Congress seeks NIH emails suggesting Fauci worked behind scenes to snuff COVID lab leak stories
House coronavirus subcommittee demands materials David Morens hid using his personal email and cellphone, transcribed interview. Fauci adviser suggested suing critics to silence them.
A select House panel on the coronavirus pandemic wants answers from a senior scientific adviser to Dr. Anthony Fauci when he was director of the National Institute of Allergy and Infectious Diseases and who has implied Fauci tried to covertly discredit the COVID-19 lab leak theory.
Ohio GOP Rep. Brad Wenstrup, chairman of the House Select Subcommittee on the Coronavirus Pandemic, is asking the adviser, David Morens, to turn over documents and communications from his personal email and cellphone, based on information suggesting Morens is intentionally using non-government communications to avoid disclosure under the Freedom of Information Act and violate federal record-keeping laws.
The information is purportedly in Morens' emails, and the subcommittee wants a transcribed interview Aug. 2.
The Intercept published dozens of pages of emails including Morens, already obtained by the subcommittee, with scientists who were also seeking to discredit lab leak.
They include EcoHealth Alliance President Peter Daszak, whose organization funneled U.S. grant money to the Wuhan Institute of Virology, the suspected source of a lab leak; Kristian Andersen of the Scripps Research Institute, who initially told Fauci SARS-CoV-2 looked "potentially" engineered; and Angela Rasmussen of Canada's Vaccine and Infectious Disease Organization, who warned that entertaining lab leak could harm U.S.-China relations.
Morens notified the scientists Sept. 9, 2021, that "I may have to occasionally email from my [National Institutes of Health] account" until his hacked Gmail account, which does not connect to "my NIH computer," is fixed.
"As you know, I try to always communicate on Gmail because my NIH email is FOIA'D constantly," his email says. The other scientists can still email him, and "I will delete anything I don't want to see in the New York Times."
In a July 29, 2021, exchange with Bloomberg News reporter Jason Gale for a story on COVID origins, Morens said the White House and Department of Health and Human Services denied him permission for "many months" to talk on the record about origins.
"But today, to my total surprise, my boss Tony actually ASKED me" to do this with National Geographic," Morens said, likely referring to Fauci. "| interpret this to mean that our government is lightening up but that Tony doesn't want his fingerprints on origin stories."
Previously disclosed communications suggest Fauci and then-NIH Director Francis Collins covertly contributed to a March 2020 Nature Medicine paper led by Andersen that dismissed a lab leak as a possibility. Fauci later cited the paper in a White House press conference.
Wenstrup flogged Morens for telling National Geographic that searching for the "progenitor virus" may have already crossed over from "doing due diligence to wasting time and being crazy." According to the chairman, "This raises the question of whether this was the narrative Dr. Fauci approved you to say."
Morens suggested his fellow scientists use strategic lawsuits to silence both critical scientists such as Rutgers' Richard Ebright and journalists who were covering China's coronavirus research.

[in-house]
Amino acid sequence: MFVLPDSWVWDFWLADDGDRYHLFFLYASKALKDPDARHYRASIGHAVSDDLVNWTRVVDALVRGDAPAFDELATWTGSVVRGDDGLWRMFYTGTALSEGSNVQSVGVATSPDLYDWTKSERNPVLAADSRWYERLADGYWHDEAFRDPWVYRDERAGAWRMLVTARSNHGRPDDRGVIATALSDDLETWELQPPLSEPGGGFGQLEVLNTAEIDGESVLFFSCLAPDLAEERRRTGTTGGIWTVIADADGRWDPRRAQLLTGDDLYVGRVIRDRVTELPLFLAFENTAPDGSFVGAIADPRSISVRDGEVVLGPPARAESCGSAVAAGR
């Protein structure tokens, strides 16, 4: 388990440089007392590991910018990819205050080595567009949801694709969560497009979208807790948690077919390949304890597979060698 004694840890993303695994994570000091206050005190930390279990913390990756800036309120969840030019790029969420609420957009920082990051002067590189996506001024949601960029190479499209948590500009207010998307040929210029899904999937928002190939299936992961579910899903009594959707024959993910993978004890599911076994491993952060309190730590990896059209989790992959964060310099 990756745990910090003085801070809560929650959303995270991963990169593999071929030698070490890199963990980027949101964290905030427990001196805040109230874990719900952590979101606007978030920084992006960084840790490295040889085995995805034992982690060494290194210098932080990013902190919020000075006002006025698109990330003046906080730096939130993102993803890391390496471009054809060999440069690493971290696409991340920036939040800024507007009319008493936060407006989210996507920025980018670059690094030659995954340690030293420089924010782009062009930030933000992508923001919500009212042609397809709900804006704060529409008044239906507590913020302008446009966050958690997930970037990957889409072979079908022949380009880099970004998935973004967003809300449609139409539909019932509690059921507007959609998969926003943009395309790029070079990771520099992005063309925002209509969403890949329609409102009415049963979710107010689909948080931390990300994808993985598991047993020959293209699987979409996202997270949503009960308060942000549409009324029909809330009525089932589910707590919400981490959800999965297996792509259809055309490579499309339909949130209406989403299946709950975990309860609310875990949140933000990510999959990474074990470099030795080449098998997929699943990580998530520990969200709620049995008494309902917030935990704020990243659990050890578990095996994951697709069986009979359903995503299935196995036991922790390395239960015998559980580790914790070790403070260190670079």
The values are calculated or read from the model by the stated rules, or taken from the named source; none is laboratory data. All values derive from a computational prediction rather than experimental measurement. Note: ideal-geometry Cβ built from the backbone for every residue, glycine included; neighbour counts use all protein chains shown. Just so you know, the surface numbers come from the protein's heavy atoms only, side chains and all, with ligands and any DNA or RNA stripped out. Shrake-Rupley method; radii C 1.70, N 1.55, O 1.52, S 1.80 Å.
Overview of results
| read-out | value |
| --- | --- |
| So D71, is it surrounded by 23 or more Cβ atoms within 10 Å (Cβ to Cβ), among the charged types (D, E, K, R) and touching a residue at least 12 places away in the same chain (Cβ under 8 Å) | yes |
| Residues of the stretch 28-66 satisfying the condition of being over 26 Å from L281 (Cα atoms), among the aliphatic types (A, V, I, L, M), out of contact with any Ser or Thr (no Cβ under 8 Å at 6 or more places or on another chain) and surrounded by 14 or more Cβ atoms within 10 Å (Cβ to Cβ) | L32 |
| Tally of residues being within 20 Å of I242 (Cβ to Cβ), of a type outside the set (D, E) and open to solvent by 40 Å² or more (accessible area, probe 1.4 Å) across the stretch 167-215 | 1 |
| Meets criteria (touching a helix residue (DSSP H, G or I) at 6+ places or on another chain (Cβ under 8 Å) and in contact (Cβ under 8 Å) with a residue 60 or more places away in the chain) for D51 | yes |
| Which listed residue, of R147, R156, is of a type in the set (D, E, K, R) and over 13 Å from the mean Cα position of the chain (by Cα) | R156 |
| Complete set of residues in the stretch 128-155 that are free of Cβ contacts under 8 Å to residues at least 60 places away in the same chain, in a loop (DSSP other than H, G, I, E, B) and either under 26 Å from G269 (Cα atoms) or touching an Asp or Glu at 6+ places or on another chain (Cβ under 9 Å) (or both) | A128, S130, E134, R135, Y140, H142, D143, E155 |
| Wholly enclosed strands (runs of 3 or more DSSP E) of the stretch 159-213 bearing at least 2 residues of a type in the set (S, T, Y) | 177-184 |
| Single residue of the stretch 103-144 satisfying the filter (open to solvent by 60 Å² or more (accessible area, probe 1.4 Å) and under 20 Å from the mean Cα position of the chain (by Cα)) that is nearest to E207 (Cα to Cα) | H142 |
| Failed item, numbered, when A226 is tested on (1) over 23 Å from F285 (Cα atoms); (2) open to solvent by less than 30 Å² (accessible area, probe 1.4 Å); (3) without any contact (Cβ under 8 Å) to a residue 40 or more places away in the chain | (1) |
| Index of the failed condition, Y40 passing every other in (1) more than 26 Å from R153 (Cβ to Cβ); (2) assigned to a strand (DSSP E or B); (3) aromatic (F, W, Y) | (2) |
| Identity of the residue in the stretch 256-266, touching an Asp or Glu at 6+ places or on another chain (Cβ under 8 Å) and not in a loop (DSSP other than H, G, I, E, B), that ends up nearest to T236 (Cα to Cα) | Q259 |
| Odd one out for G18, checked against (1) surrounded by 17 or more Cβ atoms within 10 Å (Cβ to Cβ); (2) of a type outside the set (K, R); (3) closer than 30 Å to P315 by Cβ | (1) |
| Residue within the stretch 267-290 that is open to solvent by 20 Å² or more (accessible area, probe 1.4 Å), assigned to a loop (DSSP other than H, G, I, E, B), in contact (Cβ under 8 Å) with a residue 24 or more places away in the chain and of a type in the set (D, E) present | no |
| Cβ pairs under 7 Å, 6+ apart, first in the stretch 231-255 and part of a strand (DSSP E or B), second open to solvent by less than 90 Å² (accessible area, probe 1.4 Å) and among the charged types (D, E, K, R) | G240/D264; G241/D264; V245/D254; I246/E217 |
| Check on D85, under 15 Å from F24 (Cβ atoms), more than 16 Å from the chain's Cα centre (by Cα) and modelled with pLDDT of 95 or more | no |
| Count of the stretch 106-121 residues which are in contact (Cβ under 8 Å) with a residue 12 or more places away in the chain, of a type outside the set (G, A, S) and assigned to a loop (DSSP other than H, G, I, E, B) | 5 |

In a Sept. 7, 2021, email referring to such an Intercept report, Daszak complained that FOIA requests were straining EcoHealth staff and that "lab leakers" were promoting "lines of attack that will bring more negative publicity" against Fauci and "all of us" for promoting gain-of-function research that could make viruses more dangerous.
"Do not rule out suing" them for "slander," Morens said, apparently referring to libel.
Morens' email footer included his position in NIAID's Office of the Director. "This gives the appearance of a government official encouraging litigation against the press for reporting that does not follow public health bureaucrats' pre-conceived narrative and is unacceptable," Wenstrup told Morens.
NIAID did not respond to requests for its response to Wenstrup and how it characterizes Morens' emails.
The subcommittee chairman was also disturbed that Morens referred to Ebright and MIT Broad Institute adviser Alina Chan as "harmful demagogues," in connection with a journalist purportedly conveying their take that NIH-funded Chinese research qualified as gain of function.
"They need to be called out," Morens wrote in a typo-ridden email. "Because i am in govemment i can only fo this off the record, but have done do again and again." Including these scientists' views in balanced stories is journalists giving "equal time and space" to a Holocaust survivor and "Nazi murderer," he said.
Morens went so far as using his NIH email to trash Chan for research papers he called "biased, cherry-picked, and not the work of a scientist with integrity."
"These all raise serious concerns about your objectivity while stationed" in Fauci's office at NIAID, which "obligates billions of dollars annually," Wenstrup said. The subcommittee will ask "whether you made or influenced any funding decisions based on your personal motives or biases towards scientists."
The letter requests Moren turn over materials related to the "drafting, publication, or critical reception" of several academic publications related to COVID origins.
It also seeks his communications – including text messages regarding the Wuhan lab, EcoHealth and COVID origins back to Nov. 1, 201 – with Fauci, Collins and several other NIH officials as well as scientists involved in alleged gain of function research.